By Dan Kinem
Anyone who’s read any of my reviews knows there’s nothing better than a slasher, except for a slasher that was shat-on-hideo that is. The Hackers is one of the rarest of its kind and is likely on most horror fans’ wishlists, if they’ve heard of it. The second I saw the cover I knew I must own this movie, no matter what it took. Thankfully, the hype I built around this was actually met and the movie is a hilarious time capsule of late 80s Michigan that I’m happy to be able to watch and laugh at (and occasionally with)!
The first 20 minutes or so is honestly a gift from God. It opens with a hitchhiker (Dave Duncan) sticking his thumb out for a ride and it getting sliced off by a knife from an oncoming truck… The Hackers repair truck to be exact! The rockin’ theme song, “The Hackers,” kicks right in as you’re introduced to The Hackers Family. You get “Pa” Hacker, the leader of the clan, who is a ridiculous, borderline narcoleptic, 80-year-old man who’s always disgruntled, there’s also Arnie, who “never did grow right” (whatever that means), and finally, the Leatherface of the family, Junior, who bit his tongue off and got chewed up by a chainsaw when he was younger, so now he wears fake, 25 cent novelty teeth and half a tin foil mask.
They spend their time doing odd jobs around town, killing people for fun, and playing on the jungle gym. If someone has a problem with the shoddy job they did on their roof, The Hackers just take a machete and kill the mother fucker. It’s absurd these guys could still be in business since they murder all their customers without getting paid. How do they not get caught? “Pa” even lets Junior and Arnie play around in the daylight at a local park, just minutes after they slit some random punk chick’s throat. It’s pure hilarity to see these two freaks running around with little children, climbing the monkey bars and sliding down slides.
After the glorious playground scene the movie does begin to drag. There are long stretches where literally nothing happens. Characters just walk around mumbling nonsense to themselves. You do get a priceless death scene where a man screams in pain and they use sound effects of a baby crying, but beyond that, the movie doesn’t pick up till the last 25 minutes, where it turns into Straw Dogs. The Hackers begin work on a woman’s house (who would hire them I don’t know) and they harass her and watch her shower. All I could notice is how she didn’t get naked and how her hair is more feathered than a fucking chicken (see cover). She eventually has to make a run for it or else she’d probably get raped by Junior.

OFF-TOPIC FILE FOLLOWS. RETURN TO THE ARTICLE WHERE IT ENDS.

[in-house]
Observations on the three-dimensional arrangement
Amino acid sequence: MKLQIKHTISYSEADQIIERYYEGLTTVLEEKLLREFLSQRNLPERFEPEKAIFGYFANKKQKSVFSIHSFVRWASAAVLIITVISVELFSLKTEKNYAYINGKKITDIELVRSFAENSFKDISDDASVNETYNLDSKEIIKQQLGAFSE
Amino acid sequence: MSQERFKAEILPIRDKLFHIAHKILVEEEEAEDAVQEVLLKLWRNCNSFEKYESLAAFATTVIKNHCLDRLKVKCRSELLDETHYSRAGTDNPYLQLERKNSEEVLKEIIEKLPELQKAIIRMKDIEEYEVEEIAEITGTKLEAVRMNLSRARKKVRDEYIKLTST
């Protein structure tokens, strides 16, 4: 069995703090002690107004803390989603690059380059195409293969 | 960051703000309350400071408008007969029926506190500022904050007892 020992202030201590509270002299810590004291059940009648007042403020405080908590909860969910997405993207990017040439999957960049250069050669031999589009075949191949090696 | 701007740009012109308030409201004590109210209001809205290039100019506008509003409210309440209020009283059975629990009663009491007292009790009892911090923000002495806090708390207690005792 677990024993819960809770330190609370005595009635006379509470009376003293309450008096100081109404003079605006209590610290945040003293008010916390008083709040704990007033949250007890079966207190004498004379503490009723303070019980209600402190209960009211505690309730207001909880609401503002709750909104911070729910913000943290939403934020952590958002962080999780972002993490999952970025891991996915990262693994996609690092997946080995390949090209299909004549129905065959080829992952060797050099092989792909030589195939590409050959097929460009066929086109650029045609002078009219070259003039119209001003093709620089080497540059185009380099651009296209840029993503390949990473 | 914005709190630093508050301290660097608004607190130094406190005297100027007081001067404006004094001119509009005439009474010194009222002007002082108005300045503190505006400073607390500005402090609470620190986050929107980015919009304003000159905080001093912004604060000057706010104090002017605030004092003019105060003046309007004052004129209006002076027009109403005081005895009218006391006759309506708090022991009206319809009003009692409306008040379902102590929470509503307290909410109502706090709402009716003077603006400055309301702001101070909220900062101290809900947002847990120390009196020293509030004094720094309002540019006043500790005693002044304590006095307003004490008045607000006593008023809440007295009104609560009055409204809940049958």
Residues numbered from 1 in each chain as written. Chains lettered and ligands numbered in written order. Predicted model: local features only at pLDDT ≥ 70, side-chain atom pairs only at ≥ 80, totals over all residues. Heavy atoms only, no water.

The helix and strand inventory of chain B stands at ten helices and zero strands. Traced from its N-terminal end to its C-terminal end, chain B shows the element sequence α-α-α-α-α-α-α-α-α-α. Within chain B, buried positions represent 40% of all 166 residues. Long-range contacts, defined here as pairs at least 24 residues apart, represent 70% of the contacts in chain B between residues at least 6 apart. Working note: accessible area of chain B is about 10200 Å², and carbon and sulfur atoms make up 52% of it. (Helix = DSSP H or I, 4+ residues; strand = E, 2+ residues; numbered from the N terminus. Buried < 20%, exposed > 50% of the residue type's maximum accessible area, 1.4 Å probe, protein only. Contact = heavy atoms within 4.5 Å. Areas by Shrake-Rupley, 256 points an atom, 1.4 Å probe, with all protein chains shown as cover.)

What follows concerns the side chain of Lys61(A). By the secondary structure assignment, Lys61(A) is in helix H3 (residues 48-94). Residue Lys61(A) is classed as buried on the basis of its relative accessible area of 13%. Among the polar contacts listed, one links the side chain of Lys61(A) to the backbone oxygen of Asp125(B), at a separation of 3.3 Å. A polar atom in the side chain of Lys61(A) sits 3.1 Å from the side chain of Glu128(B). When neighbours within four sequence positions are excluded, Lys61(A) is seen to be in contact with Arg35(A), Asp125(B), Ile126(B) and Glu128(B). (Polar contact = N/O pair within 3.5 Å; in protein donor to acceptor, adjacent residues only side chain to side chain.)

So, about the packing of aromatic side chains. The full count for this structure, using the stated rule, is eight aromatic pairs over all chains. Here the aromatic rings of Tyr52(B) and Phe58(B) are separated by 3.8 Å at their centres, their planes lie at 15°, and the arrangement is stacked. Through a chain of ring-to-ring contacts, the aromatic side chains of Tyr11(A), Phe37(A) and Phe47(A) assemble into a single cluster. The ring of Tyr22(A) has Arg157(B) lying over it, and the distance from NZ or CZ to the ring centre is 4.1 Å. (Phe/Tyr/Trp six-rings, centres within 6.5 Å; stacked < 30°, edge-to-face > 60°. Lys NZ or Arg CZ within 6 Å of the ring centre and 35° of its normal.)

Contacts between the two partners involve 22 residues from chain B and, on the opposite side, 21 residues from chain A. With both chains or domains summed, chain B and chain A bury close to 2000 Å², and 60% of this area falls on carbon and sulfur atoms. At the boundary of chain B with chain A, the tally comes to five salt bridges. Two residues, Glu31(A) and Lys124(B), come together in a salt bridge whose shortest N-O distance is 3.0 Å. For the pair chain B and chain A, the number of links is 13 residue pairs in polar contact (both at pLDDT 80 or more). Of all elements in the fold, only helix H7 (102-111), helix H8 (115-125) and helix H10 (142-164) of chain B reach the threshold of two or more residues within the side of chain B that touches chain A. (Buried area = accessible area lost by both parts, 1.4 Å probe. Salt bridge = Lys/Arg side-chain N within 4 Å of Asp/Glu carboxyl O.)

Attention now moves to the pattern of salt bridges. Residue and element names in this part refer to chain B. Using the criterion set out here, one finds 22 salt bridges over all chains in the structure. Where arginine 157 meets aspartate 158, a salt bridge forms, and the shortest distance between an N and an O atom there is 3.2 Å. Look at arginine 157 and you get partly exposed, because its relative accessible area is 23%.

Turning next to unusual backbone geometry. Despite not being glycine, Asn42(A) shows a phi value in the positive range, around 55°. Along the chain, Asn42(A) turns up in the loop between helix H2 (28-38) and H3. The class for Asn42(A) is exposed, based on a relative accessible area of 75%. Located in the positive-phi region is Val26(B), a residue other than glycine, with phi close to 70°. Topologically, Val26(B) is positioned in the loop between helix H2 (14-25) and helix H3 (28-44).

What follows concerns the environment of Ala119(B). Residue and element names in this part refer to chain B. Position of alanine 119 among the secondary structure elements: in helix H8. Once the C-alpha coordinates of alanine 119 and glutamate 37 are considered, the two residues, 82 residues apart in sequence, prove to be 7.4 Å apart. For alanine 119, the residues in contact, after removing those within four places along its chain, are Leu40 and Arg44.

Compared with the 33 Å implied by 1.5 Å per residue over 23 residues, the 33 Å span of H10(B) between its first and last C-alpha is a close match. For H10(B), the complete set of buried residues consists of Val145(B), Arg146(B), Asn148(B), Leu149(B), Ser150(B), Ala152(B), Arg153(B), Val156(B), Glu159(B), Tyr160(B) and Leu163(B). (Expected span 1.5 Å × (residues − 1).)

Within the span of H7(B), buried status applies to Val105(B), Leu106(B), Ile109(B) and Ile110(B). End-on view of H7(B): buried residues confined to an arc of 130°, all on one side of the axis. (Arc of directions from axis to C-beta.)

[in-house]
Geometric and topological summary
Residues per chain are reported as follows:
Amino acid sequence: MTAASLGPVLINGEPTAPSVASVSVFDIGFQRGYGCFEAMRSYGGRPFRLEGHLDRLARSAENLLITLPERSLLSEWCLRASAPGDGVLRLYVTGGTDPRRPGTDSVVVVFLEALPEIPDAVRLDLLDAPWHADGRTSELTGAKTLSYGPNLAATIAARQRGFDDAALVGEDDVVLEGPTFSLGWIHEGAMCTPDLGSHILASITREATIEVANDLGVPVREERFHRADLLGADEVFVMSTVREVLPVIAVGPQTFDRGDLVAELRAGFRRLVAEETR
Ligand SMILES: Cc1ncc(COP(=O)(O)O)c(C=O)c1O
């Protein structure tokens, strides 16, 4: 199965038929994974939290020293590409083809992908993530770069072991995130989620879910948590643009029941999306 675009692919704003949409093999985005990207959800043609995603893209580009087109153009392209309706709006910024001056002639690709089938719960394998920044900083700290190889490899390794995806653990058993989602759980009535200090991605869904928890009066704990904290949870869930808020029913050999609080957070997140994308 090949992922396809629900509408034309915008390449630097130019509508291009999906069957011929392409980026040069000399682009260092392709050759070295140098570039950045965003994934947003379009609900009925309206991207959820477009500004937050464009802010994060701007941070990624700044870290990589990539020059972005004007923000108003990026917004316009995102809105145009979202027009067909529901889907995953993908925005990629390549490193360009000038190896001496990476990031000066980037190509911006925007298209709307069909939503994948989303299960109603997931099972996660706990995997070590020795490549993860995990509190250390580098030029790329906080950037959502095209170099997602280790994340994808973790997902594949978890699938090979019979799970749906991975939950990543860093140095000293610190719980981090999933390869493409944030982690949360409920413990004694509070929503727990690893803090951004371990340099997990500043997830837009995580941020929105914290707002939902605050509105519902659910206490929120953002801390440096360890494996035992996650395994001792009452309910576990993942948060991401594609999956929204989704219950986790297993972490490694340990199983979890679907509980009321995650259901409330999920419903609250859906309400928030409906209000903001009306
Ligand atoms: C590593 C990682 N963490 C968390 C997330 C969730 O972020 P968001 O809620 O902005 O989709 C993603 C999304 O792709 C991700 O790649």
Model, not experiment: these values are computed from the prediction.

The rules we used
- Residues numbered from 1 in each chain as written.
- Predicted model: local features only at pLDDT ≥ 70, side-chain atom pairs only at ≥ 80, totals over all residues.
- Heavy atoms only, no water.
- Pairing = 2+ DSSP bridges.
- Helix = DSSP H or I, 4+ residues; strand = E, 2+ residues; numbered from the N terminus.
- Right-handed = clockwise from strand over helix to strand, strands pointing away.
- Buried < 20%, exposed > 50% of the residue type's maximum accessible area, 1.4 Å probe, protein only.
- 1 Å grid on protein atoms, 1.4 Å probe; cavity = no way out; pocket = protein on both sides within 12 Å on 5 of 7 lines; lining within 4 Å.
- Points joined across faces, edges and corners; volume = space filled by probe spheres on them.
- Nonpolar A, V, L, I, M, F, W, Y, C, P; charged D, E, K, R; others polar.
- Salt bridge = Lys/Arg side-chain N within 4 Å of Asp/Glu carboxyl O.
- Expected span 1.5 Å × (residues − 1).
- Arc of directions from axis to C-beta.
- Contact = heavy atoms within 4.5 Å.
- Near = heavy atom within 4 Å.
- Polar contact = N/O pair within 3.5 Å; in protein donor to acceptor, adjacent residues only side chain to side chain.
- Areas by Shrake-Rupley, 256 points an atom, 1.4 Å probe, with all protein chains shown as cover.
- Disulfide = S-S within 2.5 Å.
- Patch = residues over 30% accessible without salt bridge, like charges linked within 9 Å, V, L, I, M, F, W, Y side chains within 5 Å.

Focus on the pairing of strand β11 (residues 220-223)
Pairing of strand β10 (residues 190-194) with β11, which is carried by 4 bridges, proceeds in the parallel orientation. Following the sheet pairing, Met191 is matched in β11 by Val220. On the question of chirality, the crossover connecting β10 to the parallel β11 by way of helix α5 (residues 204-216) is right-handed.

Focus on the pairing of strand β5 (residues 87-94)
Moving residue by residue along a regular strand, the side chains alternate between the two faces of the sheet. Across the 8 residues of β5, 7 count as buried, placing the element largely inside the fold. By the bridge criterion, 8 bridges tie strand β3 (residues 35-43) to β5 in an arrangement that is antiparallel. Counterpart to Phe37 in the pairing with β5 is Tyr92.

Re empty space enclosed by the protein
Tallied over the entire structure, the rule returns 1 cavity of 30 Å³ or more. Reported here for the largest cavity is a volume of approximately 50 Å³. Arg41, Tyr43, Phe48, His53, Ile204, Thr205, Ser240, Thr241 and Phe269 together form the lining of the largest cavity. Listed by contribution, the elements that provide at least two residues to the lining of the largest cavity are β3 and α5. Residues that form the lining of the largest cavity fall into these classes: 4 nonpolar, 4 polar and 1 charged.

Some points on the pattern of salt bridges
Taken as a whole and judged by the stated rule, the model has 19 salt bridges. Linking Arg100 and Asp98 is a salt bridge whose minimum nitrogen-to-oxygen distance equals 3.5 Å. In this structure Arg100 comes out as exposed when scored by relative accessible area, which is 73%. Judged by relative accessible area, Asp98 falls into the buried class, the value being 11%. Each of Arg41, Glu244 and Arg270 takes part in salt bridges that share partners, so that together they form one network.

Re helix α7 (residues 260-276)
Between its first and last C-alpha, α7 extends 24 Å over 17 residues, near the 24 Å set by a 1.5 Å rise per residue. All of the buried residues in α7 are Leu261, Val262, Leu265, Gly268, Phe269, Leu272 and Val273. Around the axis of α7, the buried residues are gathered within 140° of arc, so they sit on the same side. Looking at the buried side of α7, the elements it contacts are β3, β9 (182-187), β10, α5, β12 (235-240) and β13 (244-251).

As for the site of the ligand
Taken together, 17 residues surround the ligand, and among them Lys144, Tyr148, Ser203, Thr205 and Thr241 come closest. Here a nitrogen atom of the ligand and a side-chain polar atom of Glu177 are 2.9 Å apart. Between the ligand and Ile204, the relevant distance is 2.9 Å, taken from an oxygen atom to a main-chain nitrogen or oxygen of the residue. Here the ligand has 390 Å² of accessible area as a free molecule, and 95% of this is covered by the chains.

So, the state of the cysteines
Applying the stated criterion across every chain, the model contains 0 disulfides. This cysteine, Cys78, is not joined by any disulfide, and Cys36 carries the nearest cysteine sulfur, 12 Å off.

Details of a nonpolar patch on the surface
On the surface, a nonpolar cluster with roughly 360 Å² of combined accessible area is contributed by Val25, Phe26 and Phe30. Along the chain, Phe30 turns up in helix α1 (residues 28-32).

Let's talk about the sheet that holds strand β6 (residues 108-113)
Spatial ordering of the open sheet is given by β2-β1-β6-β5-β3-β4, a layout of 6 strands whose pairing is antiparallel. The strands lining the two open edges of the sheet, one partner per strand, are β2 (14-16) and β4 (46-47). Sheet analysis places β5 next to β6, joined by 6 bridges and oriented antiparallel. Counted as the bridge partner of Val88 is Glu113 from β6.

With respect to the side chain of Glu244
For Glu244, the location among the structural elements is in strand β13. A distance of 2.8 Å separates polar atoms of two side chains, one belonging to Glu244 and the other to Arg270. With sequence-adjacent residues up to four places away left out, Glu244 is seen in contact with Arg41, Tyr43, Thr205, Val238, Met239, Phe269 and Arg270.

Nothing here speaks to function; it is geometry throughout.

She’s chased by the lead characters and has to fight them off one by one. She finally kills them, steals their truck, and is driving away when Junior jumps out of the back and grabs her. It would have been an incredibly dark ending till you find out IT WAS ALL A DREAM and she wakes up!
The movie sticks out above many late 80s slashers because you can feel the sense of community and you honestly feel like everyone, from the housewives to the local drunkards, helped out. It’s great to know that everyone in the town of Croswell, Michigan thought this low budget horror movie was worth working on. Not to mention, none of the people even feel like they’re acting (whether that’s a good thing or not I can’t decide), especially “Pa,” played by Howard Coburn. He really makes the movie, with his constant crotchety attitude and violent behavior. It’s a pleasure to watch the man go from chopping a dude’s shoulder with a machete to reminiscing about his love of boats to taking five naps an hour. I’m sure you’re napping in Heaven, Howie. Thank you.
The Hackers was always on my list of movies I must find. I never thought it would be possible because whenever this bad boy popped up, which was very rarely, it would sell for around the $100 mark. Then the day came where I said “fuck it,” I’m going to win this tape no matter what it takes. I was sick of not owning it and wondering when the next time the damn thing would pop up. So I bid hard. Hard as fuck. I went all out and now I can proudly say it’s mine. Apparently only 3,000 copies were sold back in the late 80s (which can only be assumed is inflated to make it seem more impressive), which makes this a really hard one to come by. It was the sixth release by Camelot Studios, a company that is still around today. They specialized in releasing various shot-on-video projects in the mid-to-late 80s with movies like The Earhunter, Black River Magic, and Black River Monster. I cannot stress enough, if you have the ability to get this tape, do it, because it’s a hard beast to obtain but well worth it. Anyone who appreciates movies like 555, Cannibal Campout, and Sledgehammer will love this film to death. I do wish it would have taken a cue from Black River Monster and only been an hour long, but at 80 minutes it never completely overstays its welcome or gets boring. Overall, it’s a joy to watch and you can buy DVD-R copies and posters (!) straight from Camelot Studios here.